Questions tagged [intransitive]

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Are "go into," "come into," and "get into" transitive?

As the subject says. Note the following sentences: "I got into a taxi." "He came into the room." "We went into the store." For some reason, I have always been under the ...
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Go Transitive or Intransitive

I'm a little confused by the verb 'go'. I know that it is intransitive. My issue is that I intuitively feel that it may have some transitive uses when used in the context of activities. For example: ...
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2 answers
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"Get on": is it transitive, intransitive or both?

I'm new here (in the sense of asking a question, but I often use the site for reference.) I have a question regarding the phrasal verb "get on", or more specifically when used with "with", eg. "get ...
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-1 votes
2 answers
200 views

Using divorce as an intransitive verb

Can I say "I wish to divorce" or "they wish to divorce by mutual consent" etc? In other words can I use the word "divorce" as an intransitive verb (without an object), or is "get divorced" the correct ...
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0 votes
2 answers
134 views

What is the grammar rule that states preference (in this example) between "exceeds" or "is exceeding"

A coworker and I have been discussing the grammar of an error message on a computer when downloading a file that is too big. The debate is between whether it should say "The file exceeds the maximum ...
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6 votes
2 answers
658 views

The intransitive usage of "satisfy"

I lighted upon a sentence in the New York Times: Actually almost any tidbit — notably pigs in blankets — that the bar sends my way will satisfy. This usage of satisfy strikes me as uncommon, if ...
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2 answers
194 views

Progress: verbs pronounced differently in transitive and intransitive forms - pro'gress vs progre'ss

uncovered during an informal English conversational lesson today, according to my (1970s) Concise Oxford Dictionary, the vi and vt forms of 'progress' do have separate entries, different pronunciation,...
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4 answers
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How do you interpret "we can talk tea"?

On a package of tea I found a sentence as follows: If you have any questions, feedback or are not satisfied with this product, please contact us at our details below and we can talk tea. This ...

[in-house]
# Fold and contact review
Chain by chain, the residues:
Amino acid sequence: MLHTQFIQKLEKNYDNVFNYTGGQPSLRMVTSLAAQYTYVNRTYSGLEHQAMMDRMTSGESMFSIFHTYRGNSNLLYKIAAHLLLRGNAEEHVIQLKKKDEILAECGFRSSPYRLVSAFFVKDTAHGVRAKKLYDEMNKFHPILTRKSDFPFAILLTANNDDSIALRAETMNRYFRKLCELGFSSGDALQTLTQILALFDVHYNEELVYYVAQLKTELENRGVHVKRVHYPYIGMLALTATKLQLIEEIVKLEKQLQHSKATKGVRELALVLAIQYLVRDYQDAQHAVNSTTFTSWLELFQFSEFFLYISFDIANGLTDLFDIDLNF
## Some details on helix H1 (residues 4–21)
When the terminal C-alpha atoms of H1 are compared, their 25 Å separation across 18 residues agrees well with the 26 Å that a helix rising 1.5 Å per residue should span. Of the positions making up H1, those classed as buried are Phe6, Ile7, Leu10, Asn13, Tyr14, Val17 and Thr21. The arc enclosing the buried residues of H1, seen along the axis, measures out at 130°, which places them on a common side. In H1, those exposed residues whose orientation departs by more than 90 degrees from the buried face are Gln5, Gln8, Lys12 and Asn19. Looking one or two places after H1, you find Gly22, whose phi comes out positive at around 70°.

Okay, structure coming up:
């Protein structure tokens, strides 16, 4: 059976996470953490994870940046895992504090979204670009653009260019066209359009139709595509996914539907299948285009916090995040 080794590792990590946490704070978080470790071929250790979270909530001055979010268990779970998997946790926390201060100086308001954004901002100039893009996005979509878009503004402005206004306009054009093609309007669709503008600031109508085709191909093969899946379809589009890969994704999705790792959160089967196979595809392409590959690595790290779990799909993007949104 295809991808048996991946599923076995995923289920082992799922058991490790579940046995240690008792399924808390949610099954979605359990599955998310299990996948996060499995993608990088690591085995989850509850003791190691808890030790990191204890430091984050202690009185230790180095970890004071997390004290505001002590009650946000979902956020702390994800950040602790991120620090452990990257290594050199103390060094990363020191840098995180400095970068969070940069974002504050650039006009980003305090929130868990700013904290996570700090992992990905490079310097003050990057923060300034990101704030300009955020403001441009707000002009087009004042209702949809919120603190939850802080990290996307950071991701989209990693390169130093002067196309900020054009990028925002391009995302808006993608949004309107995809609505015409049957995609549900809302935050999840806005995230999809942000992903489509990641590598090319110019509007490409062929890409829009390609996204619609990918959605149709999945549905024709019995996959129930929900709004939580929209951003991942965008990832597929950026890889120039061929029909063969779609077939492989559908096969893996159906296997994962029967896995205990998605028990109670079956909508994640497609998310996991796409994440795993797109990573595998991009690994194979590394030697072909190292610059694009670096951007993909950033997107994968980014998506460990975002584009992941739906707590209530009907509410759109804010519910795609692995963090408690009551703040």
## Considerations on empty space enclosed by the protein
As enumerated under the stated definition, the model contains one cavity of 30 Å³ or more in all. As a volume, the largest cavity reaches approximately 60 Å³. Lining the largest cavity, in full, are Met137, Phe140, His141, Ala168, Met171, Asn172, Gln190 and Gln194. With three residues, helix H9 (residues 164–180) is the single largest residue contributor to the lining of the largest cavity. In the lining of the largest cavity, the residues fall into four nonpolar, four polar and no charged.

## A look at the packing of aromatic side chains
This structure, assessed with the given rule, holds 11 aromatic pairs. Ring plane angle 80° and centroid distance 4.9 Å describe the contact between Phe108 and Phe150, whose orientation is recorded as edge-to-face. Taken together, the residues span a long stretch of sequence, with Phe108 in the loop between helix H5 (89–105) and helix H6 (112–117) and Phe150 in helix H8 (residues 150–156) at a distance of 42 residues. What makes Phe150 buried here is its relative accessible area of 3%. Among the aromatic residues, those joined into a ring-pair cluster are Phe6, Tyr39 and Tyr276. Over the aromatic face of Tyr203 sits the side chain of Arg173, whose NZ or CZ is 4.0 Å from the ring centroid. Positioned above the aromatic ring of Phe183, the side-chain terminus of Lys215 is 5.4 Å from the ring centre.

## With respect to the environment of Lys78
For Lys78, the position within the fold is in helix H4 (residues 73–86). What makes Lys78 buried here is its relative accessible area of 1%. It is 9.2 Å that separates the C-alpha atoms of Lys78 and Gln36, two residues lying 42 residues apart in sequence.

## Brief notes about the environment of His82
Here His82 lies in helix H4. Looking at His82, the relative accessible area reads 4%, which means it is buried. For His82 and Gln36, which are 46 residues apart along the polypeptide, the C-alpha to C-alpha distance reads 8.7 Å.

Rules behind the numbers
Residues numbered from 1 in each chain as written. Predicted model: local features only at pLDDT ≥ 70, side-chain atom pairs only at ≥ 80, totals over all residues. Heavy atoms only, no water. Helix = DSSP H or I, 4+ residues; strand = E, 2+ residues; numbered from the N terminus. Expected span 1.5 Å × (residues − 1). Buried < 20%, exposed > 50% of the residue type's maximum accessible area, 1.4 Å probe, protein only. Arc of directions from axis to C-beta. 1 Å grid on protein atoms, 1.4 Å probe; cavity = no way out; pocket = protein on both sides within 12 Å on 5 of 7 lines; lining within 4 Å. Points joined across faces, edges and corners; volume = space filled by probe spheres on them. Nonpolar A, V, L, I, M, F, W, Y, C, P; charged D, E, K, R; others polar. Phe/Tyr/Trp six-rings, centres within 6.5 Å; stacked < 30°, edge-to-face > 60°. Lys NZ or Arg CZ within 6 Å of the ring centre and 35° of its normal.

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-2 votes
1 answer
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Can "wait" be used as an intransitive verb? Why? [closed]

"The man was waiting at the side of the road." Book says that "was waiting" is an intransitive verb but why?
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2 votes
2 answers
652 views

Transitive/Intransitive Verbs: Strive Vs Vow

I'm struggling with some semantics around transitive/intransitive verbs. Let me give one specific example to illustrate. The mayor vowed to reduce crime 1 We must all strive to do better 2 Both ...
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0 answers
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Should we always use a prepositional object after an intransitive verb?

I arrived at home. vs. I arrived home. "Arrive" is an intransitive verb and it needs a prepositional object, but 'home' is an adverb of place and I don't think any preposition can be used before ...
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4 votes
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Is "He died himself." a correct sentence?

I've checked Oxford Advanced Learner's Dictionary and I found that die is an intransitive verb most of the time. I checked other dictionaries as well. I didn't find any usage of "die" as per which we ...
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-1 votes
2 answers
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"Unwanted events happened"

"Unwanted events happened" couldn't be an example for passive because there's no objective in the sentence, it's just like this example, "the child cried", because "happen" is an intransitive verb. ...
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1 vote
3 answers
2k views

What is the real difference between direct objects and prepositional phrases?

I'm a fairly new ESL teacher. One of my students asked me recently why "...to comply with the rules of grammar" needs a preposition (with), whereas "...to follow the rules of grammar" doesn't. After ...
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0 votes
2 answers
1k views

Can "abscond" be used as a transitive verb?

BACKGROUND All the online dictionaries that I've consulted, Oxford, Merriam-Webster, etc, list "abscond" as an intransitive verb, a verb that does not take an object. Not unless with the ...
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